In Capital Hill meetings the week of January 15th, David Schroeder, CBAI’s Senior Vice President Federal Governmental Relations, urged every member of the Illinois Congressional Delegation to support S. 2155. The Senate’s carefully constructed bi-partisan effort has brought more and significant regulatory relief for community banks closer to realization that at any point in well over a decade. The reason this legislation has earned such strong bi-partisan support is that it is narrowly focused to provide relief to community banks. Any attempt to relax large bank supervision and regulation will jeopardize the current strong bi-partisan support and likely derail much-needed, long-overdue and well-deserved community bank regulatory relief. Read Joint State Banking Association Letter.

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Jerome Powell Takes the Helm at the Federal Reserve Board

CBAI looks forward to working with Jerome H. Powell as the new Chairman of the Federal Reserve Board. President Trump nominated Powell on November 2, 2017, and he was sworn into office by the Fed’s Vice Chairman for Supervision, Randy Quarles, on February 5, 2018.

Powell has been a member of the Federal Reserve Board since May of 2012 when he was appointed to fill an unexpired term. He was reappointed in 2014 for a term ending in January of 2028. Powell succeeded Janet Yellen who served as Fed’s chair since 2014 and previously as vice chair. Powell brings to the position a wealth of experience in banking, finance and regulation with the Bipartisan Policy Center (D.C.), The Carlyle Group, and as Assistant Secretary and Undersecretary of the Department of Treasury (under President George H.W. Bush).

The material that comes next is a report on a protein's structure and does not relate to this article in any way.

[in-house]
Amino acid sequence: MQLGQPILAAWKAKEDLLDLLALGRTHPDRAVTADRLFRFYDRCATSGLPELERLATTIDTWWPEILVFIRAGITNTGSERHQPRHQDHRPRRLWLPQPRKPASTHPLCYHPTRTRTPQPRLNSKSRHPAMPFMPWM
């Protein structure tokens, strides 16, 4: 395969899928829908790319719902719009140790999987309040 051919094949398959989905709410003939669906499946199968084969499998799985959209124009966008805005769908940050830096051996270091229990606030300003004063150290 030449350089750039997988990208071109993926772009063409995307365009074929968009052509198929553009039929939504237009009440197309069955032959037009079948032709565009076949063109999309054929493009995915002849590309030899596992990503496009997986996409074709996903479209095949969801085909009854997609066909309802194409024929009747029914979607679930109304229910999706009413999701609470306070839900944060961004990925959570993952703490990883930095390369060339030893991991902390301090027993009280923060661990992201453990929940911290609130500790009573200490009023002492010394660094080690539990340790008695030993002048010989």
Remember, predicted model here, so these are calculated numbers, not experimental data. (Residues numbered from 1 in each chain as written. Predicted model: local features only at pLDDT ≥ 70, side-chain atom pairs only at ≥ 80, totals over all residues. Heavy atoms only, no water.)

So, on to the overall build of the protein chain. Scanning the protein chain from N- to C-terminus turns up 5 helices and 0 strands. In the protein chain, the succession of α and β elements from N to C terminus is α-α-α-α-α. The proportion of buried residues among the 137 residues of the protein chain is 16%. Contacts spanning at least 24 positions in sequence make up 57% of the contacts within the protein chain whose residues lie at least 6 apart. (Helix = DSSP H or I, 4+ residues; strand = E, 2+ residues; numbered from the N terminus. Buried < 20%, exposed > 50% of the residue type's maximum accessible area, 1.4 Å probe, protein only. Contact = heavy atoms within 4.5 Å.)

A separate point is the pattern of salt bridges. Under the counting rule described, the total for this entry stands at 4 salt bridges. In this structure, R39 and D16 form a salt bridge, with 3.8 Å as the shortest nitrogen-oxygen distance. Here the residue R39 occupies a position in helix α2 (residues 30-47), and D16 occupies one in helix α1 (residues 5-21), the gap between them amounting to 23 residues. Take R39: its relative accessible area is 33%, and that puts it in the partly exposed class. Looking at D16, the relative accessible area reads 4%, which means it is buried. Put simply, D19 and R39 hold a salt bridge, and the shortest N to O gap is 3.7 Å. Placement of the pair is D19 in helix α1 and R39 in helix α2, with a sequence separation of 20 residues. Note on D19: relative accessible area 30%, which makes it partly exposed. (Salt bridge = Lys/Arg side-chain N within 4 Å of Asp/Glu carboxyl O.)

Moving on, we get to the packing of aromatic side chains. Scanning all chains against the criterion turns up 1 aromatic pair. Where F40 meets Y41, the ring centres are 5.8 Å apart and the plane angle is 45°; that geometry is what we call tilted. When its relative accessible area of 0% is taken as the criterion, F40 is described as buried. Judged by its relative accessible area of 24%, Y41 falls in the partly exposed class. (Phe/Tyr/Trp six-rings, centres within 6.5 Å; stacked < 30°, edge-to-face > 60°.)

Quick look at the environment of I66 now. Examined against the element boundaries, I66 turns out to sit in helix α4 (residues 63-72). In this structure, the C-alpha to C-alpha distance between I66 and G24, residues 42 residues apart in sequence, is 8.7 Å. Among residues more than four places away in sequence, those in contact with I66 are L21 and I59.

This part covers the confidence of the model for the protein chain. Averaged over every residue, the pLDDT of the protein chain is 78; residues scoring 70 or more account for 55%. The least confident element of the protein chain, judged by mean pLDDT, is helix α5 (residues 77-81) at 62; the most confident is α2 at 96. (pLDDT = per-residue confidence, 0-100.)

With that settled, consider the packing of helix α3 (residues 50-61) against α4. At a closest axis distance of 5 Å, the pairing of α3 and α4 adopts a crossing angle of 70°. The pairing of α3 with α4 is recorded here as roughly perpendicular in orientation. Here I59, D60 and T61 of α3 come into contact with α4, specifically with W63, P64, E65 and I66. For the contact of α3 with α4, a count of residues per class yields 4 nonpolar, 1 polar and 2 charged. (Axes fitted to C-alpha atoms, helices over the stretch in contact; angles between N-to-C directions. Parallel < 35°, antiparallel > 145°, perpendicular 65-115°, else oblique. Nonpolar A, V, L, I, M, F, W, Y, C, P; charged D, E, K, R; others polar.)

Mr. Powell holds an AB in politics from Princeton University and earned a law degree from Georgetown University. Read Fed’s Press Release. Read Powell’s Biography.

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United States Senator Orrin Hatch Questions Credit Union Expansion of Powers and Tax Exemption

The Community Bankers Association of Illinois (CBAI) thanks Senator Orrin Hatch (R-UT), Chairman of the Senate Finance Committee, for questioning credit union expansion of powers and tax exemption in a letter to the National Credit Union Administration (NCUA). The three-page letter highlighted the limited reasons for Congress granting credit unions federal tax exemption (i.e., serving individuals of modest means and with a common bond), estimated the value of the tax exemption for 2017 at $2.9 billion, and stated that the loss of tax revenue requires close government oversight to ensure the limited purpose is being properly fulfilled. The letter specifically questions actions taken by NCUA that have relaxed field of membership requirements and lifted limits on other activity including business lending and other services that seem to go beyond the scope of their original mission. Read Senator Hatch’s Letter to the NCUA.